The Caesars Entertainment and 888 Holdings partnership has also created a second online poker room in New Jersey,, but at this time the two sites are not sharing a network. is operating as an independent online poker room in NJ, while 888Poker launched on the All American Poker Network, and at this time there are no plans to combine the sites into a single network.

Games available NJ launched with a strong selection of poker games at a variety of different stakes. Tournaments (multi-table and sit & go) as well as cash games (six-handed and nine-handed tables) are available around the clock, with unsurprisingly placing a heavy emphasis on No Limit Holdem games.

Stakes at the site range from $.01/$.02 to $5/$10 for cash games with tournament buy-ins starting at just $1.

In addition to No Limit Holdem tables, several other poker games are available at New Jersey. Here is the complete list of poker variants offered at the site:

  • No Limit Holdem
  • Limit Holdem
  • Pot Limit Omaha (PLO)
  • Omaha 8 or better
  • Seven Card Stud
  • Seven Card Stud 8 or better

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WSOP NJ Bonuses & Promotions

Deposit Bonus

What you get

  • offers a 100% up to $400 Deposit Bonus. This means will match your first deposit up to a maximum of $400.
  •’s opening bonus in New Jersey is equivalent to a 20% cashback/rakeback deal.
  • The deposit bonus expires 60 days after your first deposit.
  • Bonus Money is released in $10 increments.

The lowdown

While it has a high cap of $400, the first-time deposit bonus in New Jersey clears at a pretty slow rate –one of the slowest of any New Jersey online poker site at present. You’ll need to earn 100 Action Player Points (more on these below) for every $10 of bonus money, which works out to 20% cashback.

Furthermore, you only have 60 days to clear your bonus money, after which the remainder of your bonus money will disappear forever. You will still retain the portion you have already cleared, though.

In order to clear the maximum bonus of $400, you would need to rake $2,000 at the site, not an impossible amount, but perhaps out of the reach of some low-limit players.

Fortunately, you will also accrue WSOP Points (more on these below as well) and would be on pace for the Platinum level in the WSOP VIP Reward Program, adding another 8%-12% cashback from the VIP Rewards program, which I’ll now explain.

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VIP Rewards Program

What you get

  • The estimated Value of the VIP scheme is between 8% and 30% cashback/rakeback.
  • Players can convert their points into cash at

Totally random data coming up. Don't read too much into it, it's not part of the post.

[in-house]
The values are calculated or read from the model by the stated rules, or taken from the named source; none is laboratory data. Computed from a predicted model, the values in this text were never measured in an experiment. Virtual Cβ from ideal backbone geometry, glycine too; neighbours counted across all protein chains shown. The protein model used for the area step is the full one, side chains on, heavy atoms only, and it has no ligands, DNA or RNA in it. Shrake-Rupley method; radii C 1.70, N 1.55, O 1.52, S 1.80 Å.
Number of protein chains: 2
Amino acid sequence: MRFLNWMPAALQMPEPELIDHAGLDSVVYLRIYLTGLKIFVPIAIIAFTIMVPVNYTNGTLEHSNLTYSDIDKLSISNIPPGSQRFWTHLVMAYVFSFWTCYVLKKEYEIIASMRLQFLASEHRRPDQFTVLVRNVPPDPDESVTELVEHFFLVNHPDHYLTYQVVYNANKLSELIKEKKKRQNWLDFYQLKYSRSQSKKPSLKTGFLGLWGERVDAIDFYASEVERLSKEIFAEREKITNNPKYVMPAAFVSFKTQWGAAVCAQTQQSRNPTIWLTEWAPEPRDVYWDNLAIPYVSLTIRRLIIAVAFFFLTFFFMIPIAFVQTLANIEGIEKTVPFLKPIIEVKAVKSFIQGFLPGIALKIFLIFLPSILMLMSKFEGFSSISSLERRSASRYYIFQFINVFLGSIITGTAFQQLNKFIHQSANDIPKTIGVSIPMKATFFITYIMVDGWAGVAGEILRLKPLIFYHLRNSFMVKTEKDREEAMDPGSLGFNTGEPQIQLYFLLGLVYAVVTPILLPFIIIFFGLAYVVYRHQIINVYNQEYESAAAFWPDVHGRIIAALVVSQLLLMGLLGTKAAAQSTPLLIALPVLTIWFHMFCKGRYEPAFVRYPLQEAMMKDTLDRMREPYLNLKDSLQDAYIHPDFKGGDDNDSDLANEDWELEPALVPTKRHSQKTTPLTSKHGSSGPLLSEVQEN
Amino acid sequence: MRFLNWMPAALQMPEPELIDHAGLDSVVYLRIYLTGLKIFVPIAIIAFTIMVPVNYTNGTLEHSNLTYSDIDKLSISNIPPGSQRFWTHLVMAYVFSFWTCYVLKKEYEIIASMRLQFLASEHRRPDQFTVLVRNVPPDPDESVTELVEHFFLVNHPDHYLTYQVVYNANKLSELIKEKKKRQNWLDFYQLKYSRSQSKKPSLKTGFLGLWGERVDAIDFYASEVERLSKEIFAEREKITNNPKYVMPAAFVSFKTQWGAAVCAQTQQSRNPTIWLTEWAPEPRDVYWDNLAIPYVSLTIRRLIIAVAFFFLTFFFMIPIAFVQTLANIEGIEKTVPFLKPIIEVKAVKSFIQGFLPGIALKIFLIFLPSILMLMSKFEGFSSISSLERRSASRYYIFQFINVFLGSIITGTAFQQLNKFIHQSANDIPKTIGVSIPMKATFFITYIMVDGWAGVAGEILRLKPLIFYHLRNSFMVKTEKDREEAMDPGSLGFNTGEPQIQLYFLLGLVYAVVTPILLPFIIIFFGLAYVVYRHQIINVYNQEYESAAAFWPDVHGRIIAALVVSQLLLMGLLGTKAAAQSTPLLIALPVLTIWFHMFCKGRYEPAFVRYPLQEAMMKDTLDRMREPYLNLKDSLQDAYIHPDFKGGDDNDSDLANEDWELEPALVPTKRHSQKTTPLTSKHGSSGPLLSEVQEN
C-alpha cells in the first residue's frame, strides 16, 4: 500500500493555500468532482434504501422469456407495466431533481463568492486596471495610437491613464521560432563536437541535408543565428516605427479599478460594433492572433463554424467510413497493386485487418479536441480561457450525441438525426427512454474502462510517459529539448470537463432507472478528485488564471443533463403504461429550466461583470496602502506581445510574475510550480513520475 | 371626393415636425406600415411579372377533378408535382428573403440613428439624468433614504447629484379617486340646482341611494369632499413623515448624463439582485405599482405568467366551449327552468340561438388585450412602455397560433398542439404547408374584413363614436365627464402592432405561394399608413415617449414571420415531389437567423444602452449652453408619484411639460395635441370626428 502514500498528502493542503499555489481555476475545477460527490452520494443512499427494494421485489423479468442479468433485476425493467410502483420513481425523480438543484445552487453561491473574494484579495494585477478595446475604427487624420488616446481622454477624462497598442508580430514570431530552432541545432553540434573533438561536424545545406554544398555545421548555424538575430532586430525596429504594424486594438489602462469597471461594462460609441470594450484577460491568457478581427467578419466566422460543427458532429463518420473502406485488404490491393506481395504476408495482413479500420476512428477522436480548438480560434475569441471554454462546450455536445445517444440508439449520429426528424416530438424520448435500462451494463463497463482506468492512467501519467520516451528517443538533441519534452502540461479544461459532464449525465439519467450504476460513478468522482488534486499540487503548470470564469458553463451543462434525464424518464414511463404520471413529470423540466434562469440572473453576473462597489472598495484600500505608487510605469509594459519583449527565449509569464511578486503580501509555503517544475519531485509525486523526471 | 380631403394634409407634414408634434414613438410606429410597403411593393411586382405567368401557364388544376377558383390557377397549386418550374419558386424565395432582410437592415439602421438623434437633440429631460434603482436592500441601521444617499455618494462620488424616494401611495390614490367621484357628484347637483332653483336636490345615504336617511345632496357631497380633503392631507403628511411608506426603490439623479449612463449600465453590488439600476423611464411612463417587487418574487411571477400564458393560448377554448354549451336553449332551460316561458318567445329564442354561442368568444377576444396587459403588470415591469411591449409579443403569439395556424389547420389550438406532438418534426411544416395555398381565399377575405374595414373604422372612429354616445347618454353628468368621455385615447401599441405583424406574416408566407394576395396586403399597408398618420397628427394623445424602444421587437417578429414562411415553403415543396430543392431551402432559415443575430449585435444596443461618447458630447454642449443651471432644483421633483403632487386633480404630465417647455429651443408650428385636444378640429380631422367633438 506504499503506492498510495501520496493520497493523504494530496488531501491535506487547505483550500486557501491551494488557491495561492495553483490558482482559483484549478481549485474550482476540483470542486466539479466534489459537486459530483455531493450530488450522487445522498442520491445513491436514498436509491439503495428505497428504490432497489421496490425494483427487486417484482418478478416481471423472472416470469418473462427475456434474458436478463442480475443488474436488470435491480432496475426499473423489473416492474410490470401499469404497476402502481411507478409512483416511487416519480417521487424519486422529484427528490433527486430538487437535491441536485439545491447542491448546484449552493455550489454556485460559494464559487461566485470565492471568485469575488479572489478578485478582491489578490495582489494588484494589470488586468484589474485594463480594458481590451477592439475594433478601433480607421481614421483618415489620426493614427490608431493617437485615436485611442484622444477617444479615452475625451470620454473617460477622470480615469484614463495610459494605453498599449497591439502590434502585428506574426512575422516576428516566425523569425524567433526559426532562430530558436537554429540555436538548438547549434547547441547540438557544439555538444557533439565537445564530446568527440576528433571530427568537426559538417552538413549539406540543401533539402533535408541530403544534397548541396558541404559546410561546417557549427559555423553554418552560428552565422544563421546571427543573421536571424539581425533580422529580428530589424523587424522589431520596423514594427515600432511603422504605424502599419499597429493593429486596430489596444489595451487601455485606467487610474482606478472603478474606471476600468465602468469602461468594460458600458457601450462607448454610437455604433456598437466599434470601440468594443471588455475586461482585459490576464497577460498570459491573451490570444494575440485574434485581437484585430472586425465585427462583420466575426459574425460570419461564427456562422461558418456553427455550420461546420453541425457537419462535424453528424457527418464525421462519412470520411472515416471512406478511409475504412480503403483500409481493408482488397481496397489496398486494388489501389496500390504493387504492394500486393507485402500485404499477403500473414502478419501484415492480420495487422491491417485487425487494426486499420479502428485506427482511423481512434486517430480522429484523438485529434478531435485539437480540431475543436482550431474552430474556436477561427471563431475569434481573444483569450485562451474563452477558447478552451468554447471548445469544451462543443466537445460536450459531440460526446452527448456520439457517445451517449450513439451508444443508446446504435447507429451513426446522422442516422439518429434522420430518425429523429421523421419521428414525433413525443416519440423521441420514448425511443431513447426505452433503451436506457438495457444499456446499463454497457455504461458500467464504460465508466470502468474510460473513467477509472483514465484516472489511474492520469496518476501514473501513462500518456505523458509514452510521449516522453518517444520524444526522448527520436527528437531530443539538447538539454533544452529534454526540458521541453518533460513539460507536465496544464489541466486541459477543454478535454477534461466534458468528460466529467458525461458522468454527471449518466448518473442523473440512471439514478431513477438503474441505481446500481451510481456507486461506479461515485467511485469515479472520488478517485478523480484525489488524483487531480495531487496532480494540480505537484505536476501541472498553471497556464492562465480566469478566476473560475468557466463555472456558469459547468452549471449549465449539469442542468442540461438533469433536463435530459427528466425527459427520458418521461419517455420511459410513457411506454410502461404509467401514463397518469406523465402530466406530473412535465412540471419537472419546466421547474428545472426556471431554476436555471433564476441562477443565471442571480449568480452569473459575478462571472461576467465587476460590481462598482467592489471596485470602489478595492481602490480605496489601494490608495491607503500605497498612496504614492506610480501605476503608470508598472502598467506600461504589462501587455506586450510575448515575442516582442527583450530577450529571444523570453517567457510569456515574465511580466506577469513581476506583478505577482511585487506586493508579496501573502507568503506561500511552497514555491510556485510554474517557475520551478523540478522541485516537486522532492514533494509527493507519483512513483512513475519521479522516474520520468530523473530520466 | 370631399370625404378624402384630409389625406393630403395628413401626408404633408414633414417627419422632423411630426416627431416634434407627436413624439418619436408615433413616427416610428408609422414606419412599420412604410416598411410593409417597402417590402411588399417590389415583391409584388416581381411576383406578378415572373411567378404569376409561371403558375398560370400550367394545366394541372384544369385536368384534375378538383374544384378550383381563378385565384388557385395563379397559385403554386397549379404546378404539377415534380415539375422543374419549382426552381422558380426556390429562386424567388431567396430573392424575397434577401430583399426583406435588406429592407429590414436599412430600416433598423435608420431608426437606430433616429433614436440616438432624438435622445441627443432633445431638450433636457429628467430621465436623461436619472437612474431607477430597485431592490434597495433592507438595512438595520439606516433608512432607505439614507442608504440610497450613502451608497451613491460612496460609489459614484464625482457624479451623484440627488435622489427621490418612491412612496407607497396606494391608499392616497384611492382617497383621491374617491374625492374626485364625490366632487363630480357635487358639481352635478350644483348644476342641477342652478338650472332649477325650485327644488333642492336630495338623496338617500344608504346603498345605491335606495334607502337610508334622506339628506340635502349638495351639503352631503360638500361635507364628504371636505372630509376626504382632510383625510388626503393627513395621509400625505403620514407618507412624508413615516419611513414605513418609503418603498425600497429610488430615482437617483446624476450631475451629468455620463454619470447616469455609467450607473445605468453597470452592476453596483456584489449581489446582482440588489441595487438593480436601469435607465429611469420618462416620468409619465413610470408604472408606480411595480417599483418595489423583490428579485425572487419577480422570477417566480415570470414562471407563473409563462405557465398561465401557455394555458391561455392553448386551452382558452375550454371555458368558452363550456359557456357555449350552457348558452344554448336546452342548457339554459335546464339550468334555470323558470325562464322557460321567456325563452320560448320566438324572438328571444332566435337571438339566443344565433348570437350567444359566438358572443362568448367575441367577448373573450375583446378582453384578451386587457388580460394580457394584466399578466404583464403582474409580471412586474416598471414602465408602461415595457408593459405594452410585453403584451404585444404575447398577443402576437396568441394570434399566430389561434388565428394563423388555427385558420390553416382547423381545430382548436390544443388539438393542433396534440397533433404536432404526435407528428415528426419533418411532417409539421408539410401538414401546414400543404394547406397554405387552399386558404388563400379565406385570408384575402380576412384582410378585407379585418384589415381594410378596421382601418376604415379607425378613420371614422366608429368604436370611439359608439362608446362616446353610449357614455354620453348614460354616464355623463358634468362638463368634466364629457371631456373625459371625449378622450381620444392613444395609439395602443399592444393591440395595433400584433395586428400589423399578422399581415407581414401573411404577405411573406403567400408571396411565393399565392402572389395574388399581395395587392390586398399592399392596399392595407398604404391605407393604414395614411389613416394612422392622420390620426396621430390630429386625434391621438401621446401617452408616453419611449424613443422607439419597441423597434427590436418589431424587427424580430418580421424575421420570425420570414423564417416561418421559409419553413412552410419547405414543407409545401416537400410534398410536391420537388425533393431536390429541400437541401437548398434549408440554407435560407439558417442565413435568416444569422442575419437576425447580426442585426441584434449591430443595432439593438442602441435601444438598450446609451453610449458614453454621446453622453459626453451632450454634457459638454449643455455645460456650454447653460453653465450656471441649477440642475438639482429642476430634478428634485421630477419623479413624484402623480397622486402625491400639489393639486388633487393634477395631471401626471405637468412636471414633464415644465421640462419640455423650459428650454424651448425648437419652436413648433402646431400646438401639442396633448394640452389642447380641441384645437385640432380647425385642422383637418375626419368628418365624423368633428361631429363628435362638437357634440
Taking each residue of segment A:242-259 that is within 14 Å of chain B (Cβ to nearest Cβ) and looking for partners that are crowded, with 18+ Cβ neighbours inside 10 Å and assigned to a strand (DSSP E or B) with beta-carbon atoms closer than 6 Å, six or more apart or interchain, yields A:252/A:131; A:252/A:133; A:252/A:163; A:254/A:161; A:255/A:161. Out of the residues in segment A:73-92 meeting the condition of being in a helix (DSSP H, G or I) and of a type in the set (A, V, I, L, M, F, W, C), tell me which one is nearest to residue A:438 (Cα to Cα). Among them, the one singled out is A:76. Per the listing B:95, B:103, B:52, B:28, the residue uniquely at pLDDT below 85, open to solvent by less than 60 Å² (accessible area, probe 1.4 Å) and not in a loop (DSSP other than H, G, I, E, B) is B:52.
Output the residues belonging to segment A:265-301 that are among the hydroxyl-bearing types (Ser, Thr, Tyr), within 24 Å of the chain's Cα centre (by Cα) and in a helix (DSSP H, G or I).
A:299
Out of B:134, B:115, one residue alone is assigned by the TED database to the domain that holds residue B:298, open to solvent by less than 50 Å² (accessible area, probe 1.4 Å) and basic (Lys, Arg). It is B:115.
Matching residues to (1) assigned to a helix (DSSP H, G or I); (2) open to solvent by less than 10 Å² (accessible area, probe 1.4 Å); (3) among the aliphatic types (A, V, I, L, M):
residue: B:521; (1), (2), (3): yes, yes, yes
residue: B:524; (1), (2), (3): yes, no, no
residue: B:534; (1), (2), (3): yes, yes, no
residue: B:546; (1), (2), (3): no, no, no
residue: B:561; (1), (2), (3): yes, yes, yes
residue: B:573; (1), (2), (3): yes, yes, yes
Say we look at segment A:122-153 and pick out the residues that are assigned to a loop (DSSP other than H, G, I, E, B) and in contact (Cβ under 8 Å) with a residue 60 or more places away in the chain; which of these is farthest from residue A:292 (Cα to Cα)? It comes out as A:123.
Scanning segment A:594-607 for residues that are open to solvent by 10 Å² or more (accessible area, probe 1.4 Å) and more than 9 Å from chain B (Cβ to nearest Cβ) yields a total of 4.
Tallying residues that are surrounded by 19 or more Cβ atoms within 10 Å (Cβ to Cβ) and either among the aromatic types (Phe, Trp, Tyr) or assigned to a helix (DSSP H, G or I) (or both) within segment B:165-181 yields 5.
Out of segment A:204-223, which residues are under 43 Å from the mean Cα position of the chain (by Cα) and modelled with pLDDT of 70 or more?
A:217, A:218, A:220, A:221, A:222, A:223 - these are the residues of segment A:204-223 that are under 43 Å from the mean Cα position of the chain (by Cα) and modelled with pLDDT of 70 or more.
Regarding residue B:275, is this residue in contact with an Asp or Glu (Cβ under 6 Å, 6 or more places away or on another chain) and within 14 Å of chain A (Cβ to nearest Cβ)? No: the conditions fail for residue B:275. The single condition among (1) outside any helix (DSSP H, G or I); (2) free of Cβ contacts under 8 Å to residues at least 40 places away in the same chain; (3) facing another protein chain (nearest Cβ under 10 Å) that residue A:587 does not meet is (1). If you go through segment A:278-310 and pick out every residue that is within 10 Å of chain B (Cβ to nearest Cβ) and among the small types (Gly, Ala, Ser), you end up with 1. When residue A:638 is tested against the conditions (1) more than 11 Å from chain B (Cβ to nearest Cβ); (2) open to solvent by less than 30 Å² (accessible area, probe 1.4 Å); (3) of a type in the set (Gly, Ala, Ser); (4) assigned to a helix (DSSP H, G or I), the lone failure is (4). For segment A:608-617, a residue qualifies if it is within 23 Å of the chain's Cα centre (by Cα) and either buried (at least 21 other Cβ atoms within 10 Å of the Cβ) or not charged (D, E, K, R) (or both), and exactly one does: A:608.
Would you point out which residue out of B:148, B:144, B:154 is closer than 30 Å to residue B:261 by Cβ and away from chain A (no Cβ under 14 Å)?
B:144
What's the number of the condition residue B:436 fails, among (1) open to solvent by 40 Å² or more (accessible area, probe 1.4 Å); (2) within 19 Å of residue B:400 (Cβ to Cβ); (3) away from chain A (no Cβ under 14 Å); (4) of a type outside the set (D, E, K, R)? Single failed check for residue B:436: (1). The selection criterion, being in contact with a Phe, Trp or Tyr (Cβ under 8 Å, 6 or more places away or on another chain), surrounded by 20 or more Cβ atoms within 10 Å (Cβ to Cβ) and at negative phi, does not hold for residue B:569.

The lowdown uses a very straightforward VIP Rewards Program known as “Action Club.”

Action Club uses Action Player Points to determine a player’s level within the program. There are four monthly levels and two yearly levels – players can reach and WSOP Points are awarded based on your level in the program. WSOP Points are what you redeem for cash and prizes.

For each $1 in raked a player contributes to the pot he will receive two Action Player Points (APP’s), regardless of level in the Action Club Rewards Program. WSOP Points are also awarded based on  rake contribution, but a player will also gain a multiplier based on Action Club level.

Monthly Tiers:

  • Silver (4x WSOP Point multiplier) – 200 APP’s
  • Gold (5x WSOP Point multiplier) – 400 APP’s
  • Platinum (6x WSOP Point multiplier) – 1,200 APP’s
  • Diamond (7.5x WSOP Point multiplier) – 3,500 APP’s

Yearly Tiers:

  • Elite (10x WSOP Point multiplier) – 50,000 APP’s
  • Seven Stars (15x WSOP Point multiplier) – 400,000 APP’s

WSOP Points can be redeemed at any time, and possess a value of $.01, or $1 for every 100 WSOP Points you earn. Based on the requirements, the Action Club offers players anywhere from 8% to 30% cashback.

  • Silver – 8% cashback
  • Gold – 10% cashback
  • Platinum – 12% cashback
  • Diamond – 15% cashback
  • Elite – 20% cashback
  • Seven Star – 30% cashback

For more information on Action Club or to see the current promotions offered at in New Jersey click here.

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Current Promotions NJ – Frequently Asked Questions

Who can play at in New Jersey?

Players at must be 21 years of age, registered users at the site, and be physically located within New Jersey when they log on and play.

Can players in Nevada or other parts of the world play at


Only players in New Jersey are allowed to participate in NJ’s online poker games. Players in Nevada will have to register at the Nevada website, and players elsewhere in the world can join the website on the global 888 Poker Network.

Is the same site as

While it’s powered by the same software and is operated by 888 and Caesars Entertainment, the two sites are for all intents and purposes separate entities. Your login details will not work on, and the two sites do not share player pools.

Do I have to be in New Jersey to make an account at

You should be able to register an account from anywhere in the world, but you will not be able to verify your account or play for real money unless you are inside New Jersey.

Players outside of New Jersey are capable of participating in play-money games on the site and banking options are supposed to be available as well.

Get started playing online poker in New Jersey at the website.

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Robert DellaFave
Robert DellaFave - Robert DellaFave is a game designer and avid poker player. He writes for several online poker publications and dreams of one day programming a poker simulation clever enough to beat the pros. Read more by following @DivergentGames on Twitter.